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Whenever I was approached by a Black man in my single days, I would always find myself getting a little apprehensive on first meeting. I was bracing myself for the moment that they would mention my complexion. Normally, it wouldn’t take more than five minutes, but some guys could last as long as 12 before making a comment. It happened so often that I just began using it as a way to eliminate dudes from my list of prospects. The moment that I would hear anything along the lines of “your skin is so light,” I would mentally check out and put them in the reject pile. It was refreshing when they didn’t bring it up at all, but that didn’t happen nearly as often as I would have hoped.

Full disclosure: I am not now, nor have I ever been, the friend that got the most attention from men when I go out with my girls. Despite whatever advantage my complexion may have granted me, I have always been awkward around guys. One fateful Friday night during happy hour at The Park at Fourteenth in DC, I had a line of interested suitors. Nothing like that had ever happened before, and I couldn’t explain what was different. Was it the gray dress I wore to work, or was it my general over-it-all aura? The world may never know. My friends joked that it was most definitely my complexion. I had to remind them that this was not the usual way of things.

I will also never forget the night I was hanging out in the Adams Morgan neighborhood of DC with two girlfriends. We were having a great time going from club to club, sipping our cocktails and dancing the night away. The only hitch in the evening was when, after some chatter with my friends, one of my dance partners decided to tell me that “light-skinned girls can’t be friends because there’s too much competition.” This, after insisting that he’s Good Guy ™–or to quote him directly, “a good n-gga.” Another one bites the dust.

As a light-skinned woman, I fully understand that there are privileges I had in the dating game simply based on my complexion. Outside of letting men know that their participation in colorism is gross and can be used against them, there was not much else I could do to combat it. I will never understand how Black men use an observation about a woman’s skin tone as a compliment. As if in my being light-skinned, I have accomplished some great achievement, when, in fact, it’s nothing more than an accident of genetics.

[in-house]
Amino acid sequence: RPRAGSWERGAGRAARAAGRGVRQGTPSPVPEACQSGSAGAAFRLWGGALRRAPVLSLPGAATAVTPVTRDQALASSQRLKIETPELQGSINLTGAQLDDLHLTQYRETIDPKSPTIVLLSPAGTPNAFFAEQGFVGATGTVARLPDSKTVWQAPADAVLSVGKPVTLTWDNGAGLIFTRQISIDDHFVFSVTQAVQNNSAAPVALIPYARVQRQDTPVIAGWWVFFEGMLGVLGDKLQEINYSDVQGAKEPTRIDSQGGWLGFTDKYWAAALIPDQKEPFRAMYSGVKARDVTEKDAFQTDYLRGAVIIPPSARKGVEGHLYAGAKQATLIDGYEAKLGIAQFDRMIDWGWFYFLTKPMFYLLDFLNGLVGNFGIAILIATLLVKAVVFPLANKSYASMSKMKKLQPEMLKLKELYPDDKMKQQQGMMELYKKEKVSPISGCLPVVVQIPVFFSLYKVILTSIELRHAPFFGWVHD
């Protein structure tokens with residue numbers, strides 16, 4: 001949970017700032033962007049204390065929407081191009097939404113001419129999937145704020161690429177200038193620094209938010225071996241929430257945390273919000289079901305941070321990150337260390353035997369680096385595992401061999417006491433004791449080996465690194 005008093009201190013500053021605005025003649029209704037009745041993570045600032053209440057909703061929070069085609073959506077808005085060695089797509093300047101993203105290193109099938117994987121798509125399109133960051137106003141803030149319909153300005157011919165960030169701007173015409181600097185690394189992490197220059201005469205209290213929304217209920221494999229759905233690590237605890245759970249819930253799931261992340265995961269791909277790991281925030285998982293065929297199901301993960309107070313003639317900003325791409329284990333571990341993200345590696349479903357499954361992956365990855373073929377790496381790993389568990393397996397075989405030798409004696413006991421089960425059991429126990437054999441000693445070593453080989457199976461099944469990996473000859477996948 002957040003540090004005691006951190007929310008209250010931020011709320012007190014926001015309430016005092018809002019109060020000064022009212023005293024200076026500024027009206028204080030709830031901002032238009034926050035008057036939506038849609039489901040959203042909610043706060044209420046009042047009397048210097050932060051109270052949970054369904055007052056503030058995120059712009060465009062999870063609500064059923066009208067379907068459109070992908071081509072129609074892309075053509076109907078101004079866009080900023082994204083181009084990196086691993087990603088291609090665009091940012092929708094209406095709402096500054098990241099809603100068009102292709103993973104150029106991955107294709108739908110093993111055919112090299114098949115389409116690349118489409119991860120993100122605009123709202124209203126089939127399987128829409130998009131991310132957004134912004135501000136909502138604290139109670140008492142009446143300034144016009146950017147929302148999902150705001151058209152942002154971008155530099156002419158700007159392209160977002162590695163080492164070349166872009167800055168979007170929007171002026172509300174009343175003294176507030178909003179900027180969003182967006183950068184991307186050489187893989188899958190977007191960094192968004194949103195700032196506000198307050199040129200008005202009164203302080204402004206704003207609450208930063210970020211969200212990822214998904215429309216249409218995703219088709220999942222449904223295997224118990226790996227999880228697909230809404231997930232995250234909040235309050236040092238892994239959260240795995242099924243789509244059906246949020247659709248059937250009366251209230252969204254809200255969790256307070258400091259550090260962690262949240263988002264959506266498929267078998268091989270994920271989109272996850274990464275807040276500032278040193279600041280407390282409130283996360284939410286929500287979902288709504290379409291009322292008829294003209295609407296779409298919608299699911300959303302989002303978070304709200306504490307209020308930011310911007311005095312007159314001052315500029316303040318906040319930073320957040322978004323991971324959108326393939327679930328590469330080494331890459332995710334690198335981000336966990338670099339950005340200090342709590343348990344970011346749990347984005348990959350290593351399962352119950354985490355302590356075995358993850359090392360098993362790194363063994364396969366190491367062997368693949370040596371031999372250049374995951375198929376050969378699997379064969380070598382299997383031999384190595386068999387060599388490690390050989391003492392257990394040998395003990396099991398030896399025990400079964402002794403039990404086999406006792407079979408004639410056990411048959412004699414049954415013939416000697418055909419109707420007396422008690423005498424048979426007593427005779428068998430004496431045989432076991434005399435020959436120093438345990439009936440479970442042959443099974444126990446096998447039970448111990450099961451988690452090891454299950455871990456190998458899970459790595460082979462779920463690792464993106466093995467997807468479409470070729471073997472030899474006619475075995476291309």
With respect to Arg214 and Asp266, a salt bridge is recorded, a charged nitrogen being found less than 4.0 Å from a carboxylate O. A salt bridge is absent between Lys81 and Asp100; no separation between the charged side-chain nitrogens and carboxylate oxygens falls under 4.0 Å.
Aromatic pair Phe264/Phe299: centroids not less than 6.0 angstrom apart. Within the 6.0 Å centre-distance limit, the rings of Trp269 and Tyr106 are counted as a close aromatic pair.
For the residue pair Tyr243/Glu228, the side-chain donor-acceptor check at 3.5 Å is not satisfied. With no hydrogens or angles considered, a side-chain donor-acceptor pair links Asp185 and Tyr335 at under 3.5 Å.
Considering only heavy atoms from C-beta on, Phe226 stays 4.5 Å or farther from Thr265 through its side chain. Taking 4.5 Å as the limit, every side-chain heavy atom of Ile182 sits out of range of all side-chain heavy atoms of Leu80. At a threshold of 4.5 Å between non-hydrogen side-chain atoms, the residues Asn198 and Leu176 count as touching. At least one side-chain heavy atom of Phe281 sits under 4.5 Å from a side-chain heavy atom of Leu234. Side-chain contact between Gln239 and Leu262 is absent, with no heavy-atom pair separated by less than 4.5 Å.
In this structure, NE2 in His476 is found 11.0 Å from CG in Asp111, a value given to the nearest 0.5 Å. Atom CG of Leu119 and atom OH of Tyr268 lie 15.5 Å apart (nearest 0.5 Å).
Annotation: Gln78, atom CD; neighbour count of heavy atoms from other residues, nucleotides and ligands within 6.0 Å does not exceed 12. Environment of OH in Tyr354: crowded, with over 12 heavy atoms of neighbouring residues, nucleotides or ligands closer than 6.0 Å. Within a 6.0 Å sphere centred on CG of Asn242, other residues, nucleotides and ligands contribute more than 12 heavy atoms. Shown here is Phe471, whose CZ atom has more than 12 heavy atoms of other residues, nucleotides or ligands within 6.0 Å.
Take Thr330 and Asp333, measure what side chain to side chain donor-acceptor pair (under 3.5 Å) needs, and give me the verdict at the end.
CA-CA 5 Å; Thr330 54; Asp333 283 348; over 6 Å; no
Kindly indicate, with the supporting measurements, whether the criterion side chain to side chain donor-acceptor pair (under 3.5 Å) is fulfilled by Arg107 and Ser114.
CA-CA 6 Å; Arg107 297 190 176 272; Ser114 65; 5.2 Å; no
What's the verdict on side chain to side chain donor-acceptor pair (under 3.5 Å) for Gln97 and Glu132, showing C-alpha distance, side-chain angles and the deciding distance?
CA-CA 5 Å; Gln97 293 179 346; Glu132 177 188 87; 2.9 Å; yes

Rejecting guys for that reason alone made life a lot easier for me, but being put in that position was incredibly tiresome. It never feels good to know that someone is ascribing value to you based on how you look; that’s true at either end of the spectrum. It makes you feel like a man isn’t looking at you as a person–rather an interchangeable object or an accessory. To them, there’s nothing special about you outside of your lightness; anyone with the right shade will do.

It feels worse knowing that your complexion is used to determine how you’re treated. For light-skinned women that understand colorism for what it is, the preferential treatment is annoying at best. That, in itself, is also a privilege. Colorism has never been used to exclude us or dismiss us in the Black community. If anything, it gives us more access and visibility. But, it has been used in far more negative ways (as in intraracial oppression and discrimination) against dark-skinned women. As the daughter of a mother who is dark-skinned I have seen this first hand.

The one benefit of the colorist remarks I heard over the years was that they always served as a clear indicator of the men who were not worth my time. The most unfortunate aspect of it all was that the men who ogled me for my complexion were always highly melanated and, more than likely, born of and raised by dark-skinned women. Approaching me and suggesting that they preferred light skin said to me that they not only couldn’t see the value and beauty in dark skin; they couldn’t see the beauty in themselves.

Whenever a man would approach me with a light-skinned line, I asked them what their issue was with darker skin outright. I would ask them why they preferred light skin and whether they thought I should be attracted to them based on their logic and preferences. I even questioned what would happen in the summer when I get darker. There was never a good answer. But there was always an attempt to still get my phone number. I would give them the number to the nearest Barnes & Noble, pretending that it was mine.

I recognized that any man who lacks that kind of self-awareness is not someone who could add anything positive to my life. If my complexion was the main attraction for him, I would ultimately spend our relationship questioning his commitment to me based on my physical appearance. Not to mention battling his self-hate. Who needs that? Instead of putting myself in line for that kind of frustration, I simply decided not to date men like that. It may have reduced my options in the dating pool, but it greatly added to my peace of mind. That was way more important.

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